Judge says pointing to antitrust lawsuits and a Department of Justice investigation “is insufficient” to show anticompetitive behavior.

Real estate giant Realogy Holdings Corp. has beat back a lawsuit alleging the firm artificially inflated its stock price by failing to disclose its “anticompetitive” practice of requiring homesellers to pay the buyer broker commissions “at inflated rates.”

In July 2019, investor plaintiff Sasa Tanaskovic filed a federal lawsuit seeking class-action status in the U.S. District Court of New Jersey alleging securities fraud against Realogy and a slew of its executives: former CEO Richard A. Smith, current CEO Ryan M. Schneider, former CFO Anthony E. Hull and current senior vice president, chief accounting officer and controller Timothy B. Gustavson.

The suit’s allegations referred to drops in Realogy’s stock after news reports concerning scrutiny of real estate commissions. At the time, two lawsuits — dubbed Moehrl and Sitzer after their lead plaintiffs — alleged that the sharing of commissions between listing and buyer brokers was a conspiracy in restraint of trade in violation of the Sherman Antitrust Act .The suits are ongoing.

The Tanaskovic suit also referred to news reports of an investigation by the U.S. Department of Justice (DOJ) into antitrust practices in the real estate industry, which the plaintiff also blamed for Realogy stock declines.

In March 2020, Tanaskovic was replaced as the lead plaintiff in the case by Locals 302 and 612 of the International Union of Operating Engineers – Employers Construction Industry Retirement Trust, which filed an amended complaint. In addition to the alleged antitrust violations, the amended complaint alleged that Realogy had made several misstatements regarding its commission splits and its technology.

In August 2020, Realogy filed a motion to dismiss and on Jan. 21, Judge Stanley R. Chesler ultimately agreed with the company and dismissed the case with prejudice, or permanently, without giving the plaintiff leave to amend.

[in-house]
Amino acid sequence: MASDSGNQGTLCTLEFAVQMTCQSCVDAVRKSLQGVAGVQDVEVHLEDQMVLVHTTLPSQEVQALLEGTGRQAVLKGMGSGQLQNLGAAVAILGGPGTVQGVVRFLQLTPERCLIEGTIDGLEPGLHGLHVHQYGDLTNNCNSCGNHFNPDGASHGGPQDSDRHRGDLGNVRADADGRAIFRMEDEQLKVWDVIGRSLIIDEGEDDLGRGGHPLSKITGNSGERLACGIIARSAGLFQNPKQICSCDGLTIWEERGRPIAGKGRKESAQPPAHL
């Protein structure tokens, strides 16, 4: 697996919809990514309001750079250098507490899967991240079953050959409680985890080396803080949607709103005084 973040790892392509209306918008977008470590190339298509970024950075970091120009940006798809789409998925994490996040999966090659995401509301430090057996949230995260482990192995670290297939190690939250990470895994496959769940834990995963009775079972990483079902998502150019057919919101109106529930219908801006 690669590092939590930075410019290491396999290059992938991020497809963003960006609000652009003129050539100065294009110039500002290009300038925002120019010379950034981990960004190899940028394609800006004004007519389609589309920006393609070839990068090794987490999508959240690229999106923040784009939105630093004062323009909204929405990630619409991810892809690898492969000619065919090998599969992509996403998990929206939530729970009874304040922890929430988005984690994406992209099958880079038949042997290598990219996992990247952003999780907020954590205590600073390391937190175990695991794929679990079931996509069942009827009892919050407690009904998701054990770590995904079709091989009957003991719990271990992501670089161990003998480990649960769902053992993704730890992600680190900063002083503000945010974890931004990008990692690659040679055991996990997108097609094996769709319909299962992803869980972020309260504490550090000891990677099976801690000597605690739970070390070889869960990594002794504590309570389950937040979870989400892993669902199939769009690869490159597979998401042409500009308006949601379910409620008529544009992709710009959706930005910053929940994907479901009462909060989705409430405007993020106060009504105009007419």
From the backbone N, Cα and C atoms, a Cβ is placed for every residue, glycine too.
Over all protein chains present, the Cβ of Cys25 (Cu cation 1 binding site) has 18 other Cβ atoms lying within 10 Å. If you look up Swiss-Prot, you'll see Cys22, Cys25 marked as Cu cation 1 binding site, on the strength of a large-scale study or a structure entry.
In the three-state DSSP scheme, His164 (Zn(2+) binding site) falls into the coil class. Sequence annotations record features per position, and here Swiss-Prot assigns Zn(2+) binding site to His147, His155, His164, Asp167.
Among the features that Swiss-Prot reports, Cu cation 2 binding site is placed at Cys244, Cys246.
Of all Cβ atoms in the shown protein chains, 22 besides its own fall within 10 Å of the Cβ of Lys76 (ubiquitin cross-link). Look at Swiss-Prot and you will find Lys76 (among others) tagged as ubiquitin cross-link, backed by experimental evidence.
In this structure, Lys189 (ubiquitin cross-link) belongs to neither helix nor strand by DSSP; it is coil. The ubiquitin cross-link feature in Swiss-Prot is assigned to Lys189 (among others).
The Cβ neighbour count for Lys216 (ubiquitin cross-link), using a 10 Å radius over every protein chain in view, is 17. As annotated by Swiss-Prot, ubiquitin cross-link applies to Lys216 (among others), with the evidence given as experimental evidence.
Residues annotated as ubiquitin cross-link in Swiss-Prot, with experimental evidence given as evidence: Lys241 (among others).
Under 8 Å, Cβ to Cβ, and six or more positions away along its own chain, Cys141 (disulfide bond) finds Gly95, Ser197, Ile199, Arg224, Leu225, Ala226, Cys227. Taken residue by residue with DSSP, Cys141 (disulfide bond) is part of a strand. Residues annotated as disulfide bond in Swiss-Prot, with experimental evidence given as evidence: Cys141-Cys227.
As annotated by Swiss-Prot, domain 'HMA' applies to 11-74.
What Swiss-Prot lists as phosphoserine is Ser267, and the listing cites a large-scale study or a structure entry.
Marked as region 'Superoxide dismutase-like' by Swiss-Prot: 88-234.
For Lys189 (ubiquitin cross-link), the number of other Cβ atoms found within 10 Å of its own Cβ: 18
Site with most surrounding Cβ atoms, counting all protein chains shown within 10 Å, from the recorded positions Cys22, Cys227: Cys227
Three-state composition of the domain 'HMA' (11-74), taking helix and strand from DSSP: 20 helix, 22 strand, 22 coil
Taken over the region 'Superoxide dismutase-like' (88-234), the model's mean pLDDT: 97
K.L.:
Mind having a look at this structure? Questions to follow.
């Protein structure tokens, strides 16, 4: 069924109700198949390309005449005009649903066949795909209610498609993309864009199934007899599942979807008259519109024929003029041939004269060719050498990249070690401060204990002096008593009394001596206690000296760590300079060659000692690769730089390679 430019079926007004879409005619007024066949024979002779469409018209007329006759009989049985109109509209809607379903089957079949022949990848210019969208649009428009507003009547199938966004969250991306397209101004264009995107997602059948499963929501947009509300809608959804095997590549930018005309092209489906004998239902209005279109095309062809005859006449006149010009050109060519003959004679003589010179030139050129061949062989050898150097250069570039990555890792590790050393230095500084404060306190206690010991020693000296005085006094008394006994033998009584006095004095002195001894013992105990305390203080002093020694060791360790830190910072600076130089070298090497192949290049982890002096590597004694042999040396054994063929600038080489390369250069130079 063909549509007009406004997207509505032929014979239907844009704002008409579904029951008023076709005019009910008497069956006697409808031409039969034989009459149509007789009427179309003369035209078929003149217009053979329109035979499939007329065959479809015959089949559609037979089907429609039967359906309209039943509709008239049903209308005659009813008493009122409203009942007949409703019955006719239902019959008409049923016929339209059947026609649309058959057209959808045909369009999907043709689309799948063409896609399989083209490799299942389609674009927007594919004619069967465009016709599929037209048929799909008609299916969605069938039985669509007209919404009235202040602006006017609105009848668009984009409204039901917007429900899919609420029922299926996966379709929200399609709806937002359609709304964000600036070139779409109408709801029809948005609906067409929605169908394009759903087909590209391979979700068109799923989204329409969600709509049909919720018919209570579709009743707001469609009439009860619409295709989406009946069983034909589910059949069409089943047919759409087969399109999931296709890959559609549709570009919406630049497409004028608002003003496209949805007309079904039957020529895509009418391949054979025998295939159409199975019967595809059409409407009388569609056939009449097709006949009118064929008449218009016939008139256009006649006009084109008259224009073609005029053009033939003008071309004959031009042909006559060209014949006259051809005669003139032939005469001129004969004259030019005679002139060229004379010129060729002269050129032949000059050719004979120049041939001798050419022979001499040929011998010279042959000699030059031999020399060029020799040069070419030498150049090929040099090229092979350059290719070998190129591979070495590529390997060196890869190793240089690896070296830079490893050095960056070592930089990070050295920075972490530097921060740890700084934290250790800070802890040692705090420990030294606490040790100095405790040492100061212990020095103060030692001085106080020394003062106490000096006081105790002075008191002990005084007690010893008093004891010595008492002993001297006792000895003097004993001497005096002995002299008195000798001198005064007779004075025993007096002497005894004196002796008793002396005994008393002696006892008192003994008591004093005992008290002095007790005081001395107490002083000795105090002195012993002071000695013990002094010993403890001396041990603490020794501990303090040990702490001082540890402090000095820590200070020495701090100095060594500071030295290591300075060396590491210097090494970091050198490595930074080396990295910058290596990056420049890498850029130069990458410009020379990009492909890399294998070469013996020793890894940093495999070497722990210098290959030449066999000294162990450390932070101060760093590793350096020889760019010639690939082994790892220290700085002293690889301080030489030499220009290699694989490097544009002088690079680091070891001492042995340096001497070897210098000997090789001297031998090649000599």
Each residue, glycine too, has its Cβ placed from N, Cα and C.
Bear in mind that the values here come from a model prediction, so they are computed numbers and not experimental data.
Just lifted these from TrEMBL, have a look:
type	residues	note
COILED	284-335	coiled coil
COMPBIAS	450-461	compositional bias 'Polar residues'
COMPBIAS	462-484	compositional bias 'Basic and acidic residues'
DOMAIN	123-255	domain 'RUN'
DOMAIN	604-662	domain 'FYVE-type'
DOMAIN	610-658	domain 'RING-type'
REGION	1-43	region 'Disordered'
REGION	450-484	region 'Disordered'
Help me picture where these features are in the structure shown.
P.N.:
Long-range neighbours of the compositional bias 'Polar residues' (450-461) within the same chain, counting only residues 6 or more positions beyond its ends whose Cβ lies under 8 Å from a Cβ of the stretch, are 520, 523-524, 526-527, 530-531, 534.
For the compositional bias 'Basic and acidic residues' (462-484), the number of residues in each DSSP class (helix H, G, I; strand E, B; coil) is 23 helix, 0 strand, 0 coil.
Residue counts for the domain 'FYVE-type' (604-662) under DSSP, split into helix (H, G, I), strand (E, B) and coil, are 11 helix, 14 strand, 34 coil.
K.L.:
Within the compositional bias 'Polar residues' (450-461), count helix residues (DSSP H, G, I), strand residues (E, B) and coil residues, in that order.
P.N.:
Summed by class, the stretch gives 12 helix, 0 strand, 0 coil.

“Plaintiff fails to demonstrate with the requisite particularity that Defendants behaved in an anticompetitive manner,” Chesler wrote.

“Rather, as its only support for this claim that Defendants colluded to inflate the [Average Broker Commission Rate], Plaintiff points to two class action lawsuits brought against Realogy, in addition to several other real estate brokerage firms, which allege violations of federal antitrust laws, as well as the fact that the DOJ subsequently initiated an investigation into anticompetitive practices in the residential real estate brokerage industry.

“Neither the lawsuits alleging antitrust violations, nor the DOJ investigation, indicate that Defendants behaved in an anticompetitive manner. And while Plaintiff need not prove at the pleading stage that Defendants actually acted this way, it nevertheless must plead facts supporting this conclusion with particularity. Yet, Plaintiff simply relies on these other lawsuits and the DOJ investigation without pleading with any specificity ‘the who, what, when, where and how’ of Defendants’ purported collusive behavior. This is insufficient.”

In regards to the alleged misstatements, Chesler said the plaintiff had failed to show that the defendants’ statements “were made with actual knowledge that the statement was false or misleading.”

Realogy and an attorney for the lead plaintiff did not respond to emailed requests for comment.

Read the judge’s opinion:

Email Andrea V. Brambila.

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